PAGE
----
I realize that it is human nature to want to nurture those in financial trouble. However, at least in my mind, home ownership is a privilege not a right. If you have shown fiscal responsibility, indicative of a high FICO score, you have earned the right to receive a loan. Lets be real here, a FICO score of 620 is not exactly high. You have to have some serious credit problems or past delinquencies to have a score below that. I’m sure everyone has a reason in their past why their score is low, but in the future lenders aren’t going to take the risk. Their are too many Bobs out there.

  18. I think my sister is dating a Bob! 🙁 Underwriting use to be done by credit history, before credit scoring and automated (computer) underwriting. Now you “run a loan” through the system to receive a computer response that has supposedly weighed out the various risk factors before spitting out a loan approval. Rarely is a loan “manually” underwritten.

    When you look at a loan application, bank statements and a credit report. You see so much about a person. Some people have “subprime” credit due to circumstance–it was not their fault and their credit will rebound. Others are habitually subprime…they’re the Bob’s of the world. I do believe that some of the Bob’s may be able to be coached or educated into better financial habits and yes, this should take place BEFORE they are a home owner.

  19. Matthew,

    I have to reveal that when FICO scoring became the be all end all, vs. going through the actual report, I wanted to puke. I was incensed! I was mad as hell! I think lenders being able to charge more interest based on FICO score alone is a huge disservice to many, many people. I hate it.

    I think the underlying issues of the credit report are much more important than the score itself.

    In the old days I often found things on people’s credit reports that were not theirs at all. The funniest one was the man who had a medical bill and I couldn’t convince the credit bureau to remove it until I figured out it was for the hysterectomy of a lady named Louise and not my client Louis. English was not his first language, so he was just confused. We actually had a big laugh at the end, but today if someone just gets their score, and doesn’t look at the detail, that situation would be no joke.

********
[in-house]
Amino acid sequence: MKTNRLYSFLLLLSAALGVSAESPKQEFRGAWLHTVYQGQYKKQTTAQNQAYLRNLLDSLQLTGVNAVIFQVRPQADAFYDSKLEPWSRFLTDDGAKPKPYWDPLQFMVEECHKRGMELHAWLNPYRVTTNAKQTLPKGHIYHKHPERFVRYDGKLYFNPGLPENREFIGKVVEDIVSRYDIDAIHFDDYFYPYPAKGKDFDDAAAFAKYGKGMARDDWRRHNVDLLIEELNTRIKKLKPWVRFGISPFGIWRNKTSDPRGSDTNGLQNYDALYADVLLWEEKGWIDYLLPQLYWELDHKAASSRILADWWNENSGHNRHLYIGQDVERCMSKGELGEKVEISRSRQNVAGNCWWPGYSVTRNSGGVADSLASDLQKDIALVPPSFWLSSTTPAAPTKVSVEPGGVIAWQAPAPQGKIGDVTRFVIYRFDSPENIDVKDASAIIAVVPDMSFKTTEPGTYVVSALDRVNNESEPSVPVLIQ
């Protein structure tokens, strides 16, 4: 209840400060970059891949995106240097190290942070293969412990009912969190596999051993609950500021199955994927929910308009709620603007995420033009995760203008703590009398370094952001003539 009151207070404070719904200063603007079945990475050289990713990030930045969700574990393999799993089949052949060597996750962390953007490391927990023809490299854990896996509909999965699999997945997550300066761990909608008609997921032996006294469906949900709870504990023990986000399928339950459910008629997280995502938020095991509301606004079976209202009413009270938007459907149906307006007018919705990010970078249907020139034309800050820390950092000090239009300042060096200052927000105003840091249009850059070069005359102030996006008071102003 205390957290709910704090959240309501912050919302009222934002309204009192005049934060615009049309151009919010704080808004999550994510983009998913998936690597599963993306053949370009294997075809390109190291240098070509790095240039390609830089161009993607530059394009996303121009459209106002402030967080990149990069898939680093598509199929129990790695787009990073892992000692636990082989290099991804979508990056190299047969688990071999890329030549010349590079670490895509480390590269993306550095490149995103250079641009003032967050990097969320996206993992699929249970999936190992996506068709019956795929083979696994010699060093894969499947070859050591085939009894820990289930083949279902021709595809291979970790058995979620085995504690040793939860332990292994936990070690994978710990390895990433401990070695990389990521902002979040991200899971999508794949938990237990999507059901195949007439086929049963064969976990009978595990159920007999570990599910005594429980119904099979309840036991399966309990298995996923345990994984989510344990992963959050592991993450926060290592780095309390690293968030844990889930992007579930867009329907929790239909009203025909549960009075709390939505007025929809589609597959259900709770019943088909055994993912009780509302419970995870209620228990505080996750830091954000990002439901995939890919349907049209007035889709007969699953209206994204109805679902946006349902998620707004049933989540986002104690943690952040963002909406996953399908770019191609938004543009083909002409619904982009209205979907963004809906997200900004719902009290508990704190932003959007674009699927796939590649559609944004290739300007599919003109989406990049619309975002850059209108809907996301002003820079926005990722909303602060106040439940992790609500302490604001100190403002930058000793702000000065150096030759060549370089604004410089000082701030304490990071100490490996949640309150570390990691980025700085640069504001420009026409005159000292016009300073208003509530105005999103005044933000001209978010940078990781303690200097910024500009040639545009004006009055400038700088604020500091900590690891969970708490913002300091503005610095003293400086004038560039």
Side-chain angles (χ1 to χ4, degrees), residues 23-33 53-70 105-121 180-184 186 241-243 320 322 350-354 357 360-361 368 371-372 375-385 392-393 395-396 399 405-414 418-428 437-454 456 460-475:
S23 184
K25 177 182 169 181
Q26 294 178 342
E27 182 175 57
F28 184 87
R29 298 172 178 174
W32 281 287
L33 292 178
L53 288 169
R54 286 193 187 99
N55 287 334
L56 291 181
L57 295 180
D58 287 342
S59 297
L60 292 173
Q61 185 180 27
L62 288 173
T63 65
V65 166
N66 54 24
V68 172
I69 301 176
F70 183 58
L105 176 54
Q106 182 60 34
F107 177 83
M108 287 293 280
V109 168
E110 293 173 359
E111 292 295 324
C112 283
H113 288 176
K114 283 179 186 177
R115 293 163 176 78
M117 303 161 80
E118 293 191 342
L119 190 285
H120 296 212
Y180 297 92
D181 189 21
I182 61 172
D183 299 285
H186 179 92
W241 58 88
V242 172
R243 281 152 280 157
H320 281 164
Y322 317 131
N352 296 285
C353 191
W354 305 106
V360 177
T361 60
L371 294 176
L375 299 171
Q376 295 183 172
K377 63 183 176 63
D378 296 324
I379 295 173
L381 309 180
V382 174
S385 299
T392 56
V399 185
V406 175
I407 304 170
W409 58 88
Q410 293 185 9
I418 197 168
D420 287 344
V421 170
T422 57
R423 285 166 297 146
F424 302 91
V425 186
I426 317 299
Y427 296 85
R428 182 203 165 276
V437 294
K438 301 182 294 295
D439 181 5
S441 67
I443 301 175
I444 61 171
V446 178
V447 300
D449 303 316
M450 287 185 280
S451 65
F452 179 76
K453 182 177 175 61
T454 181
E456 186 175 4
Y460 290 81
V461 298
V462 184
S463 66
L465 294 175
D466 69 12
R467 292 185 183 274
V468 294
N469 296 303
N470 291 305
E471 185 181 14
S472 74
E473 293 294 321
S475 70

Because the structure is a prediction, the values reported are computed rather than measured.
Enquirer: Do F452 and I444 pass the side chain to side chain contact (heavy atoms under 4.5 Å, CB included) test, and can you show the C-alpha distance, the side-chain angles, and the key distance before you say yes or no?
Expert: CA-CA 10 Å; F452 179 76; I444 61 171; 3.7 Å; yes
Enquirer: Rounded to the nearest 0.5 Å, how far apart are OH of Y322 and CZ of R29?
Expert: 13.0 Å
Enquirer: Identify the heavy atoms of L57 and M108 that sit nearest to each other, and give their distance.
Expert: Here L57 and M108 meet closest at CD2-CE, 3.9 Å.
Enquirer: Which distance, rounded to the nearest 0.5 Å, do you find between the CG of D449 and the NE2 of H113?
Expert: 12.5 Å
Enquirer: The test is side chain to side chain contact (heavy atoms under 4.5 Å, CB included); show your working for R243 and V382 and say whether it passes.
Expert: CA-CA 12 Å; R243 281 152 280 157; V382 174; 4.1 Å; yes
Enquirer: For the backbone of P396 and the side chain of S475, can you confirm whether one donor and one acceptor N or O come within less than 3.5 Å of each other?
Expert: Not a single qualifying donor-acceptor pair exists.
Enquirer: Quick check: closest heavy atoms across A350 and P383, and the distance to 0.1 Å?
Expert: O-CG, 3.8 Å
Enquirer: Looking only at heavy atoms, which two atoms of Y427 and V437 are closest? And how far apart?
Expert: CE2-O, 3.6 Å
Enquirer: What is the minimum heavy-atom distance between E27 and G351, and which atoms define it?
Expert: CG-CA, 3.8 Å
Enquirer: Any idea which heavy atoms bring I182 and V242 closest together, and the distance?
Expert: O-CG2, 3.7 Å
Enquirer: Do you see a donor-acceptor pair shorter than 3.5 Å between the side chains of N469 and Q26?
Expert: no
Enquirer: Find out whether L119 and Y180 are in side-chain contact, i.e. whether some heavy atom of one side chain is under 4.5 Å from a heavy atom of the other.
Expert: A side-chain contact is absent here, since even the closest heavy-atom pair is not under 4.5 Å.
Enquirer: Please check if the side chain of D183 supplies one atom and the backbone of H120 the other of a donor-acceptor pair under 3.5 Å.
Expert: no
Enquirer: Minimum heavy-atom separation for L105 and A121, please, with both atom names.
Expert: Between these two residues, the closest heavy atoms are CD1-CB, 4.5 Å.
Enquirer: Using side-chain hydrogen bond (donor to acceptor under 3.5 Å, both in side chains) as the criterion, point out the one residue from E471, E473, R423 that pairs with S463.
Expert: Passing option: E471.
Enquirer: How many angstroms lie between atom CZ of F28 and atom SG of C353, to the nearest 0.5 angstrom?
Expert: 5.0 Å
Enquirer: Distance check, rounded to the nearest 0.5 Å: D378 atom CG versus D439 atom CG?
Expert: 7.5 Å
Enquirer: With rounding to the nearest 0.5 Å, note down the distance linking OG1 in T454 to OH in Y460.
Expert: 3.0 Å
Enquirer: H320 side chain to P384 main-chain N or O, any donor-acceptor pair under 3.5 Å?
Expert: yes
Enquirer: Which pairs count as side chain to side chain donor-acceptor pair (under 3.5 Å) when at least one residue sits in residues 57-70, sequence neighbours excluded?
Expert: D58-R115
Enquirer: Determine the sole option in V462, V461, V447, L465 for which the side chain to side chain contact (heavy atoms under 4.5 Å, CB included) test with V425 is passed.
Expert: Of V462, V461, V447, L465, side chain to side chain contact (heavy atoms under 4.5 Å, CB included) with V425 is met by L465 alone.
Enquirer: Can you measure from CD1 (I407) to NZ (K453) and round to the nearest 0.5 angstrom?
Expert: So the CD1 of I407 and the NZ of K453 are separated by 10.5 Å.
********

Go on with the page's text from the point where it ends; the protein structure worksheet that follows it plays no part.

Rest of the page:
How many people today are penalized by FICO score for things that are not even theirs? I don’t even like thinking about that.

    I see many, many people with scores under 620. Most work on things until they get it up past 620. But often they are minor things. I’ll defer to the lenders on this one.

    Someone said less than 600 is a “crap score”. I don’t think so. Many are not at 700 or better and are not crap. What do you lenders say? Where do you draw the line between “crap score” and not “crap score”. That number keeps rising. Used to be 580. Was once a little less than that at 560. Now it seems to be 620. But we can’t insist everyone have 700 or better. Never have loans been only for “A” Paper People. That is just not fair.

    Does anyone know the minimum score for FHA and VA?

  20. It’s been a while since I’ve done a VA or FHA loan. If memory serves me, FHA and VA is not credit score based (or so they say). It is based on credit history ie no late payments (last 12 months are the most important). With that said, a lower score will be scrutinized more. The whole package is considered. Last year, I did an FHA refi for a couple who were in the process of a Chapter 13 BK, the BK was due to a series of life events that happened and being self employed at the time. He only had 2 scores 550 and 650 (when you have two, you use the lower) and she had 3–her mid score being 638. We were able to refi them out of their subprime loan and save them huge money with their FHA 30 year…they’re fantastic clients.

    With the subprime market changes, I will be boning up again on FHA and VA. Many zero down products in the past offered better terms/payments for people who were FHA candidates.